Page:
New research from The Diana Award reveals crowdsourcing of identity amongst young people due to online pressures

A new research carried out by The Diana Award in partnership with ASKfm and psychologist Dr Linda Papadopoulos has revealed several important findings that highlight how the online world is changing the way young people develop their identity. 63% of the young people participating in the research say people behave differently online to the way they do offline. 49% of participants feel pressured to reply to people’s messages quickly, and 25% of them feel they have to ‘like’ a post or picture that they don’t actually like. To help young people be themselves online, new resources for parents and teachers have been launched.

Watch film with Dr Linda Papadopoulos where she discusses online pressures with a group of young people: https://youtu.be/TopdB7Suow4

1 February 2018: new figures released by a YouGov poll, commissioned by the youth charity The Diana Award, reveal how online pressures to conform could be affecting young people’s sense of self. This new online survey conducted amongst GB children, 13–17 years, suggests the amount of pressure teens face online at a critical time when they are exploring and developing their identity. Despite being able to talk to more people than ever before, online judgement and pressure to fit in with a vast online audience limits young people’s ability to be themselves online.

On the back of these findings, The Diana Award is highlighting the importance of teachers and parents helping young people to develop resilience and be themselves online. In partnership with ASKfm and psychologist Dr Linda Papadopoulos, The Diana Award is launching an educators’ pack and video to help young people explore their online identity. The resources are available on the ASKfm Safety Center — https://safety.ask.fm/

Dr Linda Papadopoulos has also created a blog where she answers young people’s questions about the online world.

Emily, age 16:

“I feel like you feel pressured online to look a certain way, to act a certain way. It’s almost like you can’t be who you are. In an ideal world I’d be a person who would like anything without someone having an opinion on it. But you can’t. You have to like certain things, you have to be a certain way or you’re just going to get negativity from all kinds of people”.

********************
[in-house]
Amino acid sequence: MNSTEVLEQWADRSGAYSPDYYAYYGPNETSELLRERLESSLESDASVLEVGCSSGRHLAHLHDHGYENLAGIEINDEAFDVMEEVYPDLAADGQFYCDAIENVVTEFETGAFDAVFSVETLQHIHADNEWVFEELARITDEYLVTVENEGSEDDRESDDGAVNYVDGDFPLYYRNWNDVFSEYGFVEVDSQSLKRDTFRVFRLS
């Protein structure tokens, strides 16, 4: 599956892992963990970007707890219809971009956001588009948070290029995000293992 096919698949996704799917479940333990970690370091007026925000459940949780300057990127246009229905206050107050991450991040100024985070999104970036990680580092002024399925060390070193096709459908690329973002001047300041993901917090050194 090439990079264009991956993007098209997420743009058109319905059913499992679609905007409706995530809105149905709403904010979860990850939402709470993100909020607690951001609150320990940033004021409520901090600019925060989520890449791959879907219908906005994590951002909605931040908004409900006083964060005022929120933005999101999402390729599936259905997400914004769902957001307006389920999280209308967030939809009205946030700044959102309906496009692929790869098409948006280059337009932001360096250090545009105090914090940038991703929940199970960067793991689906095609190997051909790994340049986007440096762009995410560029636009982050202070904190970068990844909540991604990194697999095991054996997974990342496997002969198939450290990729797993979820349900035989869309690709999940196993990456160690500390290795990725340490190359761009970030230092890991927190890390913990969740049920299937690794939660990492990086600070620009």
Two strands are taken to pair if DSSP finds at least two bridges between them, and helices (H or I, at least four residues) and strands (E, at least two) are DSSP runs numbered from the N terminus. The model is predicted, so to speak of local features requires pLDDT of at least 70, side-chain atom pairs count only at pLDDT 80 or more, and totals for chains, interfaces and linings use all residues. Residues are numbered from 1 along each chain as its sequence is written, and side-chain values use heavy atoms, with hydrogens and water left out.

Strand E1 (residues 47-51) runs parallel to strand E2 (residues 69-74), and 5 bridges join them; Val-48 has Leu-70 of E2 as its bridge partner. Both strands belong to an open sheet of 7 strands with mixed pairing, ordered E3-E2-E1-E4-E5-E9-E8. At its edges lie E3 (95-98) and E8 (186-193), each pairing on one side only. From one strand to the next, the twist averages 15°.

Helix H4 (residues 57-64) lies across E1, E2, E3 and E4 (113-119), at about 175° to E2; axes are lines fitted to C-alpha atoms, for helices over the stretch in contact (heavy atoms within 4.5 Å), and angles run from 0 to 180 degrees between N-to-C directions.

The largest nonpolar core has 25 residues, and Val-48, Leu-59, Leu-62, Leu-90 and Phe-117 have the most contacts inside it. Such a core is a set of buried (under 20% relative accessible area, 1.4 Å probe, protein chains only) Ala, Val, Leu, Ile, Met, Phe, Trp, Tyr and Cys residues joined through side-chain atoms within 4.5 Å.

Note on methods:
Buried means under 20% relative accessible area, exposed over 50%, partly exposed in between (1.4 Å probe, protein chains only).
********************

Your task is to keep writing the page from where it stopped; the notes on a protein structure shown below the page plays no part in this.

Duncan, age 15:

“People feel like if they are following trends online they are fitting in, there’s a sense of security. I believe so many people have the potential to be great, but the fact that they keep trying to fit in with others means they can’t really be themselves and understand their purpose in life.”

Psychologist Dr Linda Papadopoulos:

“Adolescence is a crucial time for identity development: teens are exploring who they are and refining their identity based on the feedback of others. But with the amount of people giving feedback online in the form of likes and comments, young people quickly realise who they need to be to be liked by others. This can lead to pressure to conform and fit in with others and limit young people’s ability to be themselves. That’s why it’s crucial that teachers and parents help young people foster resilience to be true to who they are online.”

Annie Mullins OBE, ASKfm:

“People who grew up before the days of social media had freedom to experiment with their identity, try on different personas and learn from mistakes. Whilst it’s great to be able to communicate with more people than ever before online, this research indicates that the desire to be liked by a large amount of people places enormous pressure on teens at a time when they are trying to find out who they want to be. ASKfm believes it’s crucial for young people to have a space and confidence where they can freely express themselves and learn to be true to who they are. And hope these resources can go someway to support parents and educators engage with young people on these pressures”.

Katie Collett, Head of The Diana Award Anti-Bullying Campaign:

“We want young people to have positive experiences of their online world and empower them to be true to themselves. This partnership with ASKfm and Dr Linda Papadopoulos will enable us to engage with young people, parents and teachers and empower young people to use social media positively to help build their sense of self.”

The Diana Award runs the leading Anti-Bullying Campaign in the UK and Ireland, giving young people, professionals and parents the skills, confidence and training to tackle all forms of bullying and build their digital resilience.

The Diana Award is supporting Safer Internet Day on 6 February 2018. The slogan for this year is “Create, Connect and Share Respect: A better internet starts with you.” https://www.saferinternet.org.uk/safer-internet-day/2018